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School of Theater offers students a different type of fest for free

It’s not every day audiences can see shows about hearing aids, superheroes and Middle East conflicts in one place.

But this week, the Ohio University School of Theater’s MFA Playwriting Program’s 18th Annual Seabury Quinn, Jr. Playwriting Festival will feature all of these and more.

The spring festival will consist of two featured productions by second- and third-year playwriting students, as well as 10 play readings, each by first-year students in the playwriting program.

The first featured show, The Magnificent Masked Hearing Aid, by third-year graduate student Sarah Bowden, follows a girl rapidly losing her hearing before college. Her father attempts to persuade her to get a surgically inserted hearing aid, but she fights the process, imagining herself as a superhero.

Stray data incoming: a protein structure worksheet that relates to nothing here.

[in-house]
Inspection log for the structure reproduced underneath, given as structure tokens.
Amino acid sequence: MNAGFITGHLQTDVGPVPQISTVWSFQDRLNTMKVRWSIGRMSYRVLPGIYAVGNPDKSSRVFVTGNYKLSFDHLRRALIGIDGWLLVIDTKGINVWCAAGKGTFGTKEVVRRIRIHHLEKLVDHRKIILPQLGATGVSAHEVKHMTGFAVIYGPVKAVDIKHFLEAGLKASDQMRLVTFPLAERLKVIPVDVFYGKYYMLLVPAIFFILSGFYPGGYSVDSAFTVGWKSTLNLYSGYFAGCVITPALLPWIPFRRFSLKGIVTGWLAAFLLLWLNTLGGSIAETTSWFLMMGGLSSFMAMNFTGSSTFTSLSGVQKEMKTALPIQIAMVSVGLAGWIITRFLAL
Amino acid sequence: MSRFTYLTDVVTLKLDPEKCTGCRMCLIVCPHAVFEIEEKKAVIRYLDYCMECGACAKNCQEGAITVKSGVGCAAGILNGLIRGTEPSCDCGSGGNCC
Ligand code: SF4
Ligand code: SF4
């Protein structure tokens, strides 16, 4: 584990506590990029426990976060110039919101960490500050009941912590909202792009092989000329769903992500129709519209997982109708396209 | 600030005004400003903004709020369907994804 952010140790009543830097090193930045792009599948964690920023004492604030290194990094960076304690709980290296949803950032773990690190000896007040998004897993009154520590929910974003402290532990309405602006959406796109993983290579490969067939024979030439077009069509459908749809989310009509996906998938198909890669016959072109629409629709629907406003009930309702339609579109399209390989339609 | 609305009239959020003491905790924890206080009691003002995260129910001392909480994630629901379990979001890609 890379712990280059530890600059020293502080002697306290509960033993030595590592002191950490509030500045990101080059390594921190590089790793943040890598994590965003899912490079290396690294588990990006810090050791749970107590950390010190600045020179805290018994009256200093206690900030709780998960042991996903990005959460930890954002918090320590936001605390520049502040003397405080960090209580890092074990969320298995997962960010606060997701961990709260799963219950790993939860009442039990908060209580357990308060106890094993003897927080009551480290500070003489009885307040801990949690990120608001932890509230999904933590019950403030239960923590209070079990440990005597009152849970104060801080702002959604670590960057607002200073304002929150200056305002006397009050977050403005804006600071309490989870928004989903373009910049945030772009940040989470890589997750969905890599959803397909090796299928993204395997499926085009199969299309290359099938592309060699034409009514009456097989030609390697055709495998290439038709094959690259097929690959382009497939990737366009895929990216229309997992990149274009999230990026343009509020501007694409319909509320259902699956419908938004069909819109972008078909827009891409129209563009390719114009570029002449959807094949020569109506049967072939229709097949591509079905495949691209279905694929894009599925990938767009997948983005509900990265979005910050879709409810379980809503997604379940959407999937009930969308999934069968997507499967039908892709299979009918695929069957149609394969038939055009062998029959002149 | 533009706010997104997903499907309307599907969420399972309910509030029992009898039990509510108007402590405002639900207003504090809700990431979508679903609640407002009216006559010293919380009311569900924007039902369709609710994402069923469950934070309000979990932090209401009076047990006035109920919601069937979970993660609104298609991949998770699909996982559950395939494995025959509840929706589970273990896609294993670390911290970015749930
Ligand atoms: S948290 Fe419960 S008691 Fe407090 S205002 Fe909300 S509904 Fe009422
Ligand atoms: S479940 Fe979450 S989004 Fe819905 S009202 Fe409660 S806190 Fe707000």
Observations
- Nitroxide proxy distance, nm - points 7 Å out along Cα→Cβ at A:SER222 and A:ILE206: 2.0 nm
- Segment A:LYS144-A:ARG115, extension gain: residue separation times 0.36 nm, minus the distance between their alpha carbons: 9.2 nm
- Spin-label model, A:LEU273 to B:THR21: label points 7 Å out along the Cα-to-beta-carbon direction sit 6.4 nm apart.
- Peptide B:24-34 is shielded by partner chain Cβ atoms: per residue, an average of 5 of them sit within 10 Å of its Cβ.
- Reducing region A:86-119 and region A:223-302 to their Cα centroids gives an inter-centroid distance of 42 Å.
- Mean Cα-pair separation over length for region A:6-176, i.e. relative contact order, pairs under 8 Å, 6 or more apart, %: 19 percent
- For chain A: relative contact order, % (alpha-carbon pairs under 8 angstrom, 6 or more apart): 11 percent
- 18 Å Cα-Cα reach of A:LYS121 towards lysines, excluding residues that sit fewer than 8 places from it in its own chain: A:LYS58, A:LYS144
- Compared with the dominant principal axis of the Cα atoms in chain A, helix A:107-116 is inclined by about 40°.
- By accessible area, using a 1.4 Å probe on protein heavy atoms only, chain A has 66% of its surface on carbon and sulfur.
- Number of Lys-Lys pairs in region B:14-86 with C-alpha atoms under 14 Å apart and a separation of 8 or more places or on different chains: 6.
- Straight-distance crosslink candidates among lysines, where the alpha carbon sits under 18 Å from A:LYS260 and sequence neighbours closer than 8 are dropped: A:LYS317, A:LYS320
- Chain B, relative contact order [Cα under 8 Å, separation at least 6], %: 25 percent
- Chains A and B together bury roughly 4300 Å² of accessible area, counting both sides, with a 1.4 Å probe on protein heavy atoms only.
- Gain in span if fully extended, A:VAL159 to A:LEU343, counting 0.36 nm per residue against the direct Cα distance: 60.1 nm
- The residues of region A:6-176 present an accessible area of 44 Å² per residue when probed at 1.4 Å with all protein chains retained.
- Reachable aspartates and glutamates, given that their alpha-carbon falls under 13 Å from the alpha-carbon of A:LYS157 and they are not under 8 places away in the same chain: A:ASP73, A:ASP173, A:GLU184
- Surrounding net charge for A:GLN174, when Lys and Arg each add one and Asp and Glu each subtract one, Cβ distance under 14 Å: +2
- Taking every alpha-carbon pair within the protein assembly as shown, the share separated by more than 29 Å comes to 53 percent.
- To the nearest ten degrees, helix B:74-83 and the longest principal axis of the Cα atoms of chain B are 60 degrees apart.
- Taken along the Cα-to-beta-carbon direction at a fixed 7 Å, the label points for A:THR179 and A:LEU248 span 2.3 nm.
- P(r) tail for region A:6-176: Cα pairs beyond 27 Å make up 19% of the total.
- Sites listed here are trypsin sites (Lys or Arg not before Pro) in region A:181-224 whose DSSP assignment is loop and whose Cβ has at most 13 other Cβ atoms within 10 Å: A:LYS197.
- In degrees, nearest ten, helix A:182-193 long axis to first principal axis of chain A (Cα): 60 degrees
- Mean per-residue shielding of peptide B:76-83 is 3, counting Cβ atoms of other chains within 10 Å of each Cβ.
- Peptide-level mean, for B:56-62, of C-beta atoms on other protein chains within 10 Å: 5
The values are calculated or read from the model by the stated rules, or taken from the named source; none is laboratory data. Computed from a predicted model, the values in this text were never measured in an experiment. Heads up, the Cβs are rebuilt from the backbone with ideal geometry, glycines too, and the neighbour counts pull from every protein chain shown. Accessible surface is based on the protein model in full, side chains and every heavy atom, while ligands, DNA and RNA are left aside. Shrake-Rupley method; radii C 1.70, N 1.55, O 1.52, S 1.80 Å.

Bowden said her inspiration came from a personal place.

“I’m actually hearing impaired, so last year I got a hearing aid and I had a digital model and it was so crazy,” she said. “I started hearing things and thought people were shouting. The story is based on what that meant to me and advances in technology.”

Another show also deals with a playwright’s personal experiences; Israeli Palestinian Resolution: A Very Extremely Important Play… in progress…by Samuel Goldmeyer, was written by Ira Gamerman. The show is about a boy who believes he can solve the Israeli-Palestinian conflict by writing a play.

Gamerman said that even though not everyone thinks they can solve world conflicts through theater, his show is relatable.

“It’s about reconciling with faith and figuring out religion and where you came from,” he said. “It’s really about what that means to you and I think that’s something everyone struggles with — what faith means, family means and how it conflicts with career and life choices.”

The two featured shows and play readings vastly differ from each other, said Rebecca Abaffy, the festival’s coordinator, which makes the festival appealing to a wide variety of audiences.

“One of the main-stage shows is more geek theater, where the other is very indie,” Abaffy said. “The readings are also very different; while one is very funny and ridiculous, another explores the subject of rape, so there are a lot of subjects to touch on.”

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